University of Canterbury professor warns online learning could create less informed workforce

University of Canterbury professor warns online learning could create less informed workforce

When COVID-19 spread across the world, students were forced to revert to online learning while many businesses switched to working from home. Since the pandemic restrictions have eased and life has gone back to general normalcy, many businesses and educational institutions alike have continued to offer an online alternative to in-person work or learning.

Mike Grimshaw, an Associate Professor at Canterbury University, told REX host Dom George he is concerned about the trend of students attending online lectures but failing to fully engage or comprehend the material," he said.

"What we actually know also is that most students who don't turn up actually aren't even properly listening, if at all, to the recorded lectures. 

"We're creating an omnishambles, a type of educational chaos that's going to flow through into the workforce."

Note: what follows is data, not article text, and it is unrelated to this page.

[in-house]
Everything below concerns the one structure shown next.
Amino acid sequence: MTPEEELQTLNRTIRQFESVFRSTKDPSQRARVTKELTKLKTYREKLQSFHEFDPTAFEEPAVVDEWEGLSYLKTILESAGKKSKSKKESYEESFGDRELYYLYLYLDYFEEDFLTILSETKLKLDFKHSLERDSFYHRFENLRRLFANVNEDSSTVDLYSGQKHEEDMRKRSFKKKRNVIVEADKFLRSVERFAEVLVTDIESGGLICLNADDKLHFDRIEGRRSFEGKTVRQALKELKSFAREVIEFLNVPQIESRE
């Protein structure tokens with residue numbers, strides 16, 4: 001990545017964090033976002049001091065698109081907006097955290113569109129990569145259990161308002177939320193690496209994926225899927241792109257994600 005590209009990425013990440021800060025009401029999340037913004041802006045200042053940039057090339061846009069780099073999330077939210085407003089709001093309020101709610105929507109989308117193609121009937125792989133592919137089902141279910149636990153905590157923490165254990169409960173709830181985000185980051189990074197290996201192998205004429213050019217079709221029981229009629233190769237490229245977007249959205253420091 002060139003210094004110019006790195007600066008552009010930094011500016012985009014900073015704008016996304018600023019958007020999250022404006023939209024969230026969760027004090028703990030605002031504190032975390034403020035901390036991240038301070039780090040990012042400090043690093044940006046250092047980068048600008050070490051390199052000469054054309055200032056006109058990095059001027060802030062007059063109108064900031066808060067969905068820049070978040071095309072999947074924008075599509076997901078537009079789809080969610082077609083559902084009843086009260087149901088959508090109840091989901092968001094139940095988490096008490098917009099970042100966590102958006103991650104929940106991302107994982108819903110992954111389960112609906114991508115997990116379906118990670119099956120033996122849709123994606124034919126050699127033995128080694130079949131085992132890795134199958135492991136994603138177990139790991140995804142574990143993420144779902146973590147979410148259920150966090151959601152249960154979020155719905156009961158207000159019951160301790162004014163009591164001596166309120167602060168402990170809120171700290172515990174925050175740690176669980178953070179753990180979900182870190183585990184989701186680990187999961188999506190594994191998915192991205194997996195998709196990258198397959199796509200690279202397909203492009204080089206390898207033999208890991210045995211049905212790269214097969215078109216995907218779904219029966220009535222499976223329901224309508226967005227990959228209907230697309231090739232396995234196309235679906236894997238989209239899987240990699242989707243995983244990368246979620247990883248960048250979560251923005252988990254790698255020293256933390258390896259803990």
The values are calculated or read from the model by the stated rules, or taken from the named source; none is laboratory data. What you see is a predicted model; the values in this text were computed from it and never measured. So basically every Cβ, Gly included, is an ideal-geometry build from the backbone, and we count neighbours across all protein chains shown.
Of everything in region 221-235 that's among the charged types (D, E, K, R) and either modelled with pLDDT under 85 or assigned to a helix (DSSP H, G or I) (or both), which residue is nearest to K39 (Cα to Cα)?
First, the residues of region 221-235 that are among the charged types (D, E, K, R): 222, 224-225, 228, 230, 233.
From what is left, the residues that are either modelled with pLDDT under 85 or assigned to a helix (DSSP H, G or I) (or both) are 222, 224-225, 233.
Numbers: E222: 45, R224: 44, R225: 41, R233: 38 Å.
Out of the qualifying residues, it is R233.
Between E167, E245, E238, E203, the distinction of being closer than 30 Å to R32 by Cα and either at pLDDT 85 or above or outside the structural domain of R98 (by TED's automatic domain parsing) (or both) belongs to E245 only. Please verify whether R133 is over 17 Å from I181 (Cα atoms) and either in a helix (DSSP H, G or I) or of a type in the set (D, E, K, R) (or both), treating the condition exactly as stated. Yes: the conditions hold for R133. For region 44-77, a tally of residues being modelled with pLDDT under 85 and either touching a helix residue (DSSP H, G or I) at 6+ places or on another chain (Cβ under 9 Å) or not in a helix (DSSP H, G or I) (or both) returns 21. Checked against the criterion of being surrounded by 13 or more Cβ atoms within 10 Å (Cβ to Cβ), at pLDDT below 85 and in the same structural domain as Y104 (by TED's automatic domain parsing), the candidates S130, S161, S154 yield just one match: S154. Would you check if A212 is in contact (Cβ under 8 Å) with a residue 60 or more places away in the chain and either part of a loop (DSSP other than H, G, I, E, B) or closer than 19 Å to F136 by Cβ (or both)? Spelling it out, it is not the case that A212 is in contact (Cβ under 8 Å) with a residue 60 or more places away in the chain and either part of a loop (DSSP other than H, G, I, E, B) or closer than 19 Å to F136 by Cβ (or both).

Grimshaw noted the failure of the school system to adequately prepare students for university. He highlighted the issues of under-socialisation and the lack of critical thinking skills among students. 

"The school systems are broken, and we know that, and they're broken all the way down to primary schools, and so we're getting a generation of disengaged, under-educated but also increasingly under-socialised as well."

He also touched on the potential of the agriculture sector as a source of employment and educational opportunities for students. The pair delved into the role of Artificial Intelligence (AI) in education and agriculture. Grimshaw believes that while AI can answer complex questions, it lacks the human intelligence necessary to understand certain sectors, like farming. 

"I don't know why we want to give up talking with and drawing on human intelligence rather than just machine processing, and that's really the question underneath." 

Grimshaw emphasised the importance of active societal engagement, conversation, and critical thinking. He warns of the dangers of societal disengagement, especially in education, parenting, and politics. 

Listen to the full chat between Mike Grimshaw and Dominic George above.

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